The trustee who collects the distributions then has the decision each year to distribute some or all of the proceeds to the beneficiary (who would then be responsible for paying the tax for that distributed amount on their personal income tax return), or retain the proceeds in the trust (and pay the tax at the trust tax rate on its fiduciary income tax return). Trust income tax rates are extremely compressed relative to individual income tax brackets: The trust pays at the top income tax bracket of 37% after the trust’s annual income exceeds just $12,950 (2020). Alternatively, if the income is passed out to the beneficiary, they don’t reach the 37% bracket until $510,301 of taxable income for a single individual ($612,351 for married, 2020).

Clearly the decision to retain retirement plan income in trusts will very often result in an unfavorable tax situation in a given year, but it doesn’t mean accumulation trusts are not a viable solution: I will argue they are more useful than ever before. Ultimately, if the trustee determines it is best to retain income in the trust for a given year, typically there are numerous non-tax reasons for doing so, i.e. preserving governmental benefit eligibility, creditor protection, and/or protecting a spendthrift or financially inexperienced beneficiary.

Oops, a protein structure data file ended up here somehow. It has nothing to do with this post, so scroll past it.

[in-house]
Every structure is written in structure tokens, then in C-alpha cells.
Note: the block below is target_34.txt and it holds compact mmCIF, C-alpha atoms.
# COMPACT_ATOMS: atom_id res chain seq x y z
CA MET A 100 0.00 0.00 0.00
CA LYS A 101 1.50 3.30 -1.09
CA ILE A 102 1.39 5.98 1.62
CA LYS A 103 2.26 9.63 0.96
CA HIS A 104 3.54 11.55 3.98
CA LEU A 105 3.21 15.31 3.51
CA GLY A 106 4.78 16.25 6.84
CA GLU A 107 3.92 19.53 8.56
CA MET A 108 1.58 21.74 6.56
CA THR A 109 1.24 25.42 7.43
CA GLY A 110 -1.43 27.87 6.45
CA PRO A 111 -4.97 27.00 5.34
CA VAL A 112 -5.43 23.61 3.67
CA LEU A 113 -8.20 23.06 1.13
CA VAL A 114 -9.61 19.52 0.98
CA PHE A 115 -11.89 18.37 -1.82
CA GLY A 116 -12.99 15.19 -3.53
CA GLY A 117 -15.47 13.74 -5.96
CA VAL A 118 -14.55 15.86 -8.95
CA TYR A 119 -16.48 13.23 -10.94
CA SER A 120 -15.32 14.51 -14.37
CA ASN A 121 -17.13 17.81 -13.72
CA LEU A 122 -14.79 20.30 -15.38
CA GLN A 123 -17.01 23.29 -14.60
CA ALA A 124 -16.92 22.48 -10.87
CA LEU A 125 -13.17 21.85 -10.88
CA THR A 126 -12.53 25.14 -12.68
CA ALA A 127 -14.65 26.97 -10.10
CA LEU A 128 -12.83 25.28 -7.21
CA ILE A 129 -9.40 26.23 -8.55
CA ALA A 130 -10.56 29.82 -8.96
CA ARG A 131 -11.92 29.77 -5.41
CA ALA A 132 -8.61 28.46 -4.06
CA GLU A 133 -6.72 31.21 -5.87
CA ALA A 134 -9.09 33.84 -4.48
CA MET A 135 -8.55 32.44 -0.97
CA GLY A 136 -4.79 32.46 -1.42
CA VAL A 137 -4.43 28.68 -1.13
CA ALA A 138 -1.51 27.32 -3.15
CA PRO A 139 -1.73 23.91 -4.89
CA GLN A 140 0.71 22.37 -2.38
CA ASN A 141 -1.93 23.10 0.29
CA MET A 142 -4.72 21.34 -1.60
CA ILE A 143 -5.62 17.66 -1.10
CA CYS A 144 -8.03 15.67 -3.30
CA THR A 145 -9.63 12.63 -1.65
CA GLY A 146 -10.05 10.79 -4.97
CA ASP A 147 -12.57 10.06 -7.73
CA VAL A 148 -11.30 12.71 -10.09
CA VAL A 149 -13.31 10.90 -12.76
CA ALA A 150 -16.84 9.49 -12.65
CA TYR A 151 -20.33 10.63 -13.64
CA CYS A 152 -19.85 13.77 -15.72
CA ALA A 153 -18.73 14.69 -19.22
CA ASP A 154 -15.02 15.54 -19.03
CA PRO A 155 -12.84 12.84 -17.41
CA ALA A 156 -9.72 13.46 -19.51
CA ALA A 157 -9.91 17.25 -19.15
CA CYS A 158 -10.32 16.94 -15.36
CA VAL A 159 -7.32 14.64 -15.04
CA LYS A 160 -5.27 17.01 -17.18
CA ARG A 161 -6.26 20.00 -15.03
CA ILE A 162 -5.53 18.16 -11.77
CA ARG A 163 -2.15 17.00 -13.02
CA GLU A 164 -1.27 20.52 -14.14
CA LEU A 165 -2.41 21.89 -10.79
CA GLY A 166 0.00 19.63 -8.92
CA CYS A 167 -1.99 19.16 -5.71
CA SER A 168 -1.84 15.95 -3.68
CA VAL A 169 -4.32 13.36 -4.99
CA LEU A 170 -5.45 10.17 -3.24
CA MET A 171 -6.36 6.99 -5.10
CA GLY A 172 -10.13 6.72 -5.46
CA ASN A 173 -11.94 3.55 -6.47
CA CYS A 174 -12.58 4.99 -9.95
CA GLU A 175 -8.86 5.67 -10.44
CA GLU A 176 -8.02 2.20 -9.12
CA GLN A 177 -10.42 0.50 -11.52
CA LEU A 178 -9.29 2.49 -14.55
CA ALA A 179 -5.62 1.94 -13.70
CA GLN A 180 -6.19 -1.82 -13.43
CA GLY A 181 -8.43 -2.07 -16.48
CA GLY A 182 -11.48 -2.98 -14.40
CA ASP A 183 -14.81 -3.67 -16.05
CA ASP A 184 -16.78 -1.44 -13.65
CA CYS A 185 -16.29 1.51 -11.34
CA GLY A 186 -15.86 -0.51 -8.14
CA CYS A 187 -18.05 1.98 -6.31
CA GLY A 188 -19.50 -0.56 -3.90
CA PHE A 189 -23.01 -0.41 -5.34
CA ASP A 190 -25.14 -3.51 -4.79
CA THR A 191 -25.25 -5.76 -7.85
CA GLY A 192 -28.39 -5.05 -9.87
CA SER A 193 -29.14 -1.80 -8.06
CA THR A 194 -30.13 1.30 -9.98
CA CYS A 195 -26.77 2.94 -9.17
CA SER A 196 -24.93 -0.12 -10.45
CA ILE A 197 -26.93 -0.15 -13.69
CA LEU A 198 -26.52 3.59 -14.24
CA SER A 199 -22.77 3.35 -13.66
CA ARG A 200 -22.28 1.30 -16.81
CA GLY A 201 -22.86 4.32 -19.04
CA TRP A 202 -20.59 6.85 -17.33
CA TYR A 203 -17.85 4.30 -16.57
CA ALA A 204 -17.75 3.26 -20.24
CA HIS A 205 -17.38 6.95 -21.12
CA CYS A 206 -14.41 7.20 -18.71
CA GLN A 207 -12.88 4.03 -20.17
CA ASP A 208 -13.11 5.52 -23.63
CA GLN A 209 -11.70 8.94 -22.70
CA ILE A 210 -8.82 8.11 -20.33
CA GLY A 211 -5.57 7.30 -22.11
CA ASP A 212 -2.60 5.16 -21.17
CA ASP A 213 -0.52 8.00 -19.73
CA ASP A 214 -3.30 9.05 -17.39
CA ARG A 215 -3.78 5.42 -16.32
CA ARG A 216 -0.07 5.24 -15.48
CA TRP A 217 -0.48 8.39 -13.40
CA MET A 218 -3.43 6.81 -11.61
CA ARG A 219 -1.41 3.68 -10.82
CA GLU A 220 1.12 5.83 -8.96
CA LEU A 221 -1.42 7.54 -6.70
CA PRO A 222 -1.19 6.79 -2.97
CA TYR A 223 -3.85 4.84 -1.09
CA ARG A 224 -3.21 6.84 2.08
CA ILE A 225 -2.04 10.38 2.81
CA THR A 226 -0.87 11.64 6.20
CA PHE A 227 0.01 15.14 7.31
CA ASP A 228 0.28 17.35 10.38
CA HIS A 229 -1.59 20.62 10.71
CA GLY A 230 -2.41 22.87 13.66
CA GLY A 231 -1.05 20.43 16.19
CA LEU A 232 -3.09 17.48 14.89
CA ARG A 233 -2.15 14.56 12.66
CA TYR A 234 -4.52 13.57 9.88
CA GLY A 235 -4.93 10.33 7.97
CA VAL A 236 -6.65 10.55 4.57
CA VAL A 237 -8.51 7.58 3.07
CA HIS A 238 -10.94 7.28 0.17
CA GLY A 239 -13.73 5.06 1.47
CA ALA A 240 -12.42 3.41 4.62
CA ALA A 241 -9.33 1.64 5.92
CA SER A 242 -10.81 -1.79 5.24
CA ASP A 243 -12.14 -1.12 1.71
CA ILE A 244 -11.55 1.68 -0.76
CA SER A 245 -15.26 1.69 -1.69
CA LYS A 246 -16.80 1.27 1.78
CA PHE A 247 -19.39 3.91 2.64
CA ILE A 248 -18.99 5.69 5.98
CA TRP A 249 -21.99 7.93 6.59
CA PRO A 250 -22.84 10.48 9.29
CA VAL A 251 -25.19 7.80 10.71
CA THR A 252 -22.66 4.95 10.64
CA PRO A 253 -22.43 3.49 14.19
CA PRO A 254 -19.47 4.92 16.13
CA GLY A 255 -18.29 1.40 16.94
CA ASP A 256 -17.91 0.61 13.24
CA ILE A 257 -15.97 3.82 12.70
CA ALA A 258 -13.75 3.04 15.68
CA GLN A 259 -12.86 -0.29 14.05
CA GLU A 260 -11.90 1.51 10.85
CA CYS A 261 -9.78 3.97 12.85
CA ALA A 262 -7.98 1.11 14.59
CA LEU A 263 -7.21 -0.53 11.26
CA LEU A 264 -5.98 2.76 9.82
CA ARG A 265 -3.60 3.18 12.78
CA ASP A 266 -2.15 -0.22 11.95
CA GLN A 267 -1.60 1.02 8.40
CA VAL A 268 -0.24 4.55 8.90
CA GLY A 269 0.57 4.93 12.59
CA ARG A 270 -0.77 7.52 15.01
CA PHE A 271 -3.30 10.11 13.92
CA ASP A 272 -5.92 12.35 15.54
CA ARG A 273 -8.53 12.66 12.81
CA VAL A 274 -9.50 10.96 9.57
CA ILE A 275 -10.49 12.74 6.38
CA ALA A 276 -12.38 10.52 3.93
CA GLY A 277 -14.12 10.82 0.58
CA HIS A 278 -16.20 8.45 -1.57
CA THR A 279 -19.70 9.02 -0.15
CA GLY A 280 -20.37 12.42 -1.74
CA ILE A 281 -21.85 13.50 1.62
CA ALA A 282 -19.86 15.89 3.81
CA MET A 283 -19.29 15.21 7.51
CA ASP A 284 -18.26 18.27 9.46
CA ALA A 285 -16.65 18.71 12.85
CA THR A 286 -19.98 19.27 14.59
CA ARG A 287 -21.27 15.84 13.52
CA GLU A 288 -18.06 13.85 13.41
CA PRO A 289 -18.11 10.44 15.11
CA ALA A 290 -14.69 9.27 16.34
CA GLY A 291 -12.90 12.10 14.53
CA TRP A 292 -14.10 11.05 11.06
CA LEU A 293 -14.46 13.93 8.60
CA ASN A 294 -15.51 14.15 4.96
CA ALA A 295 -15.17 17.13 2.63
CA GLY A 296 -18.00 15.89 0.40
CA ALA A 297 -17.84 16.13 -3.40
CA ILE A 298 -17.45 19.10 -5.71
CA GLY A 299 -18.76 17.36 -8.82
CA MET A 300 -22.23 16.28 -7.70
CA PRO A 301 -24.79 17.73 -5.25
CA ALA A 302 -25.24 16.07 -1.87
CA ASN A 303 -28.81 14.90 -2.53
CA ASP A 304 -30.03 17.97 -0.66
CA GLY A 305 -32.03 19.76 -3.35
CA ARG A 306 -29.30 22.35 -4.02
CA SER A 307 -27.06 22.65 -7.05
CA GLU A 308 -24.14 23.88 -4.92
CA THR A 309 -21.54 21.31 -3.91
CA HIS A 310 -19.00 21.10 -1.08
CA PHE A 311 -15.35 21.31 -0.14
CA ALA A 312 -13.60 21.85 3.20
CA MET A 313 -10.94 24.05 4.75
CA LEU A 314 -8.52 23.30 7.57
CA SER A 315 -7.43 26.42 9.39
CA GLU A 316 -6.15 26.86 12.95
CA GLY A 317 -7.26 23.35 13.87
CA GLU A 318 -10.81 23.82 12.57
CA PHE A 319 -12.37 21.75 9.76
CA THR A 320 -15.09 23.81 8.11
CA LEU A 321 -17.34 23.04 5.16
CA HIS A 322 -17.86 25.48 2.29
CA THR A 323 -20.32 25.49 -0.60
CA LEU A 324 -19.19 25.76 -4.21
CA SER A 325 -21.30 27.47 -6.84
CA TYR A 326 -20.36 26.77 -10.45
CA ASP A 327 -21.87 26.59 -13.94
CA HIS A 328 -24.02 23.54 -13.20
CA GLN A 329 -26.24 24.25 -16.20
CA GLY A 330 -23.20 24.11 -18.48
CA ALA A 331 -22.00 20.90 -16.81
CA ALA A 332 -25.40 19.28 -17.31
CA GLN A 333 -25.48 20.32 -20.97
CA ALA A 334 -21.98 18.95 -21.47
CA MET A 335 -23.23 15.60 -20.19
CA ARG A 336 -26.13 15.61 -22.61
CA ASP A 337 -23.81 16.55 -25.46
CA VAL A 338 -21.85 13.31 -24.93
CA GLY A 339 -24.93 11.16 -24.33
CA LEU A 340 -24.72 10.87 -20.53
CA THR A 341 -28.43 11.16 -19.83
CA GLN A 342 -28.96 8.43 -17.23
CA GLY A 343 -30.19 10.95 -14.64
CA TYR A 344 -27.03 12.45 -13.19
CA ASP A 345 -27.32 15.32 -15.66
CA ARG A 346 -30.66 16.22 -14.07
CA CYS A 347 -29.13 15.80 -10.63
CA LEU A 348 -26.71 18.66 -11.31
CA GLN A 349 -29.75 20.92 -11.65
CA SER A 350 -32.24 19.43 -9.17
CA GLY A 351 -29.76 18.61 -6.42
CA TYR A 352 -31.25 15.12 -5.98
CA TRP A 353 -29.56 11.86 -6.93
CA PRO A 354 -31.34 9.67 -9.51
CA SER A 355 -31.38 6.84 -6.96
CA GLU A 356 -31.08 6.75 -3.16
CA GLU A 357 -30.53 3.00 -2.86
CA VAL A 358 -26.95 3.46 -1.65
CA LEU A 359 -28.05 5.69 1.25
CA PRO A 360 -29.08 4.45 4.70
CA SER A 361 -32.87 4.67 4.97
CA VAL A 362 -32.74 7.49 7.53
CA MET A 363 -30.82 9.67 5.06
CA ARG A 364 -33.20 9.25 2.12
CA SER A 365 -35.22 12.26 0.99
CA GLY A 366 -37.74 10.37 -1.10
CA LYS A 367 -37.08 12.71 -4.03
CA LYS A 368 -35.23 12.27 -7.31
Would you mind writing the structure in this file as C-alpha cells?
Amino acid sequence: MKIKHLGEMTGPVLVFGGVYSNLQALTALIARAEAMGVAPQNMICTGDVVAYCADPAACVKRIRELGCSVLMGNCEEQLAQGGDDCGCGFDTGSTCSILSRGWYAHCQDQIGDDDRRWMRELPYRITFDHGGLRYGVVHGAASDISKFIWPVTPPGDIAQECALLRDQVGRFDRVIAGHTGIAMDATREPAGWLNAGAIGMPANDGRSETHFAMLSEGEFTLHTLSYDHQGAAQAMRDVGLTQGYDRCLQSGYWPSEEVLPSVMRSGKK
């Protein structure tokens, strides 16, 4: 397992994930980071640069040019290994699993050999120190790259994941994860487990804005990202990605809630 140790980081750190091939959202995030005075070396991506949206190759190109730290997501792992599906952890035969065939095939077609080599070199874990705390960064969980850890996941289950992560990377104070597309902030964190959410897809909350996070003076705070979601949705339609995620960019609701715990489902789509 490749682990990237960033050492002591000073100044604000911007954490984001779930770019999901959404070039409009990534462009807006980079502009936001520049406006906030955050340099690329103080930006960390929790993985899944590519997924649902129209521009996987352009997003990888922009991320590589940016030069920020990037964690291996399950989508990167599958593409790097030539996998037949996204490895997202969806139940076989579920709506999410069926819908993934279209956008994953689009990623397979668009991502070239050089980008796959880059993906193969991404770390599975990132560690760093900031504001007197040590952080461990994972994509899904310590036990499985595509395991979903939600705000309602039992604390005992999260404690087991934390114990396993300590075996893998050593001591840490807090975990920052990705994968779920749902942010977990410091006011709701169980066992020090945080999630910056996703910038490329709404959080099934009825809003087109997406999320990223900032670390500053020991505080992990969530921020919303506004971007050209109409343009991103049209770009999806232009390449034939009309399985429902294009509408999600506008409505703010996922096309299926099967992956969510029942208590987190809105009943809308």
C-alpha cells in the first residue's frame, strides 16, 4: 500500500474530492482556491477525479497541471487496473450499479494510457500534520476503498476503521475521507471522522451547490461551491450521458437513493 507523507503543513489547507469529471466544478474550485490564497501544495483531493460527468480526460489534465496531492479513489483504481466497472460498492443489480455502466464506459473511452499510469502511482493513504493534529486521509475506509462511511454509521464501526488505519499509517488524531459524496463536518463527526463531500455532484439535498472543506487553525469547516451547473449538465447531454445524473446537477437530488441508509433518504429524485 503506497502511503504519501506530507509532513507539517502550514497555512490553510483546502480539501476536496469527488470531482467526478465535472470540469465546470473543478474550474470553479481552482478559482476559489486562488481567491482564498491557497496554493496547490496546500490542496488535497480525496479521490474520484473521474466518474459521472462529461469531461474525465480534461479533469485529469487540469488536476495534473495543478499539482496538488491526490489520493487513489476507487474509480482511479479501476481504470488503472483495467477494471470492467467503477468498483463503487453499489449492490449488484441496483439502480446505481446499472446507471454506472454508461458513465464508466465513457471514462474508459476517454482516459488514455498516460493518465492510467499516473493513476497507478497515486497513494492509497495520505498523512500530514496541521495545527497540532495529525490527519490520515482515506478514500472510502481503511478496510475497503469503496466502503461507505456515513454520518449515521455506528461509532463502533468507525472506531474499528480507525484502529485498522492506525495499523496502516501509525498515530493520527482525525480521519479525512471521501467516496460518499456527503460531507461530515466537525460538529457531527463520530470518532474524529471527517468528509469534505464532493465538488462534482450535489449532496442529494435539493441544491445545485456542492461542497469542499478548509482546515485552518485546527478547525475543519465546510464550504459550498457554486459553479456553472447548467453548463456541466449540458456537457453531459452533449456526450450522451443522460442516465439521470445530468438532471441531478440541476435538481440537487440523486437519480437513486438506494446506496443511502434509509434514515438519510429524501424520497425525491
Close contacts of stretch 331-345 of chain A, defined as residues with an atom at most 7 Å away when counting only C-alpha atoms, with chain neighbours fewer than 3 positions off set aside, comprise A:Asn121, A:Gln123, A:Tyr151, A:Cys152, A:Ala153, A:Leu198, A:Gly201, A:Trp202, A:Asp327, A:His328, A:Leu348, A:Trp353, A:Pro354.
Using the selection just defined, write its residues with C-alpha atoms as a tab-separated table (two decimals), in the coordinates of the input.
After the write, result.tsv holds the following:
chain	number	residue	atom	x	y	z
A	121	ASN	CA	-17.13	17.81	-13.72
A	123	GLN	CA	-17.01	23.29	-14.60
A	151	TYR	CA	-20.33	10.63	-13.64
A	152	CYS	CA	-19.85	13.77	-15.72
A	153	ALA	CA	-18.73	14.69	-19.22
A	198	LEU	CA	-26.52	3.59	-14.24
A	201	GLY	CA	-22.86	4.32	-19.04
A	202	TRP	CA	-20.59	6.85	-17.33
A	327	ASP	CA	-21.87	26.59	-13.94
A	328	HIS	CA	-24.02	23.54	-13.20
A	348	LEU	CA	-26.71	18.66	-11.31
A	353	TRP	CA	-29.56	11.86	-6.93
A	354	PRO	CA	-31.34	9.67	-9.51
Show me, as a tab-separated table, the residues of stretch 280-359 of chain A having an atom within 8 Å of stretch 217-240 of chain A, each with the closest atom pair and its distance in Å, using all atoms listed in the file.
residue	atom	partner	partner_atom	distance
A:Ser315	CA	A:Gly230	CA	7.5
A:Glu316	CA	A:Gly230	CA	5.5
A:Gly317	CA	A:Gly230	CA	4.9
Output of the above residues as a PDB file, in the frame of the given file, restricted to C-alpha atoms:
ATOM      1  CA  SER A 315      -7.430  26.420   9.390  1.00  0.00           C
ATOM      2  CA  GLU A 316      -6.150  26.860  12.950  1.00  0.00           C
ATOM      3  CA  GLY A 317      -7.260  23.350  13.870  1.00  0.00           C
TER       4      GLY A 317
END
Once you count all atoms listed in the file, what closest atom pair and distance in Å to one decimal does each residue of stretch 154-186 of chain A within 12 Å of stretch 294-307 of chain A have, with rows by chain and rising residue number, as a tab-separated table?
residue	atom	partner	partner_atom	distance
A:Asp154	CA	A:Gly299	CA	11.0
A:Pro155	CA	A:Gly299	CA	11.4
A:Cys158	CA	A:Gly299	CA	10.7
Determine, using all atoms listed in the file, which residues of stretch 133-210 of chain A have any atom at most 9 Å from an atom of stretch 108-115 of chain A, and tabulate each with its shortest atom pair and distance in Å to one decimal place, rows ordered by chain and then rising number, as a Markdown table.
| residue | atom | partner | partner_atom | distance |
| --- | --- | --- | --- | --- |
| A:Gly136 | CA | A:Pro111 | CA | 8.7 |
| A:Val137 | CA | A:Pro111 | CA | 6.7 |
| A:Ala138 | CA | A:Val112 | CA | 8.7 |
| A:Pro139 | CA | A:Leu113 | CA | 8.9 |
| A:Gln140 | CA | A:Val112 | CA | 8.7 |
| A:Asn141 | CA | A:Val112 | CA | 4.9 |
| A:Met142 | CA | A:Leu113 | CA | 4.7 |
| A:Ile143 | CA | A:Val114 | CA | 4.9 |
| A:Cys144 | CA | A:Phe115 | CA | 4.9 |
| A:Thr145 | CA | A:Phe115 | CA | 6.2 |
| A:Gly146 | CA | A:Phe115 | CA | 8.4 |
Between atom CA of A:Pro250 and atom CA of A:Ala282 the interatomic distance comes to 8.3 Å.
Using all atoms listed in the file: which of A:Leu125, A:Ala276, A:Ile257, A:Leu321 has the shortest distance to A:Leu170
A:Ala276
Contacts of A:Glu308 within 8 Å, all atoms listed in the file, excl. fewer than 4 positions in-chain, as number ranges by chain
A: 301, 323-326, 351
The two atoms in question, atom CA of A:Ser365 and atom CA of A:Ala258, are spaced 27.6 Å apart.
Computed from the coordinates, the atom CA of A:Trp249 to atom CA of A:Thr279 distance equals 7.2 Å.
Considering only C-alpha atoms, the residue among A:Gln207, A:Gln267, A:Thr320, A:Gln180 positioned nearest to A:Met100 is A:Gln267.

The SECURE Act has changed the distribution rules from a simple RMD system to a dynamic, strategic 10-year system. Remember, it is no longer as simple as having the IRA custodian/financial advisor calculate the RMD amount each year, and distribute the amount to the beneficiary or trust: There are no more RMDs within the 10-year rule!  This will require the financial professional to weigh a number of factors each year to determine the optimal withdrawal amount from the IRA each year, including current and future income tax brackets, available deductions, and the financial needs of the beneficiary.

Ultimately the professional needs to compare the financial factors versus the beneficiary’s needs and restrictions. An accumulation trust gives the IRA owner and the fiduciary more clarity as to the grantor’s intentions and the beneficiary’s needs, and it gives more options to achieve all goals.

As a true fiduciary, professional trustees already take on these discretionary responsibilities when managing trust funds. They serve as more than just an asset manager: They are a lifestyle manager. Trust beneficiaries rely heavily on the assets managed in the trust, and it’s the trustee’s job to consider numerous factors in determining the optimal strategy to provide for their benefit. With the passage of the SECURE Act and the new 10-year rule, beneficiaries of inherited IRAs will need a true fiduciary on their side to help navigate this new and complex landscape.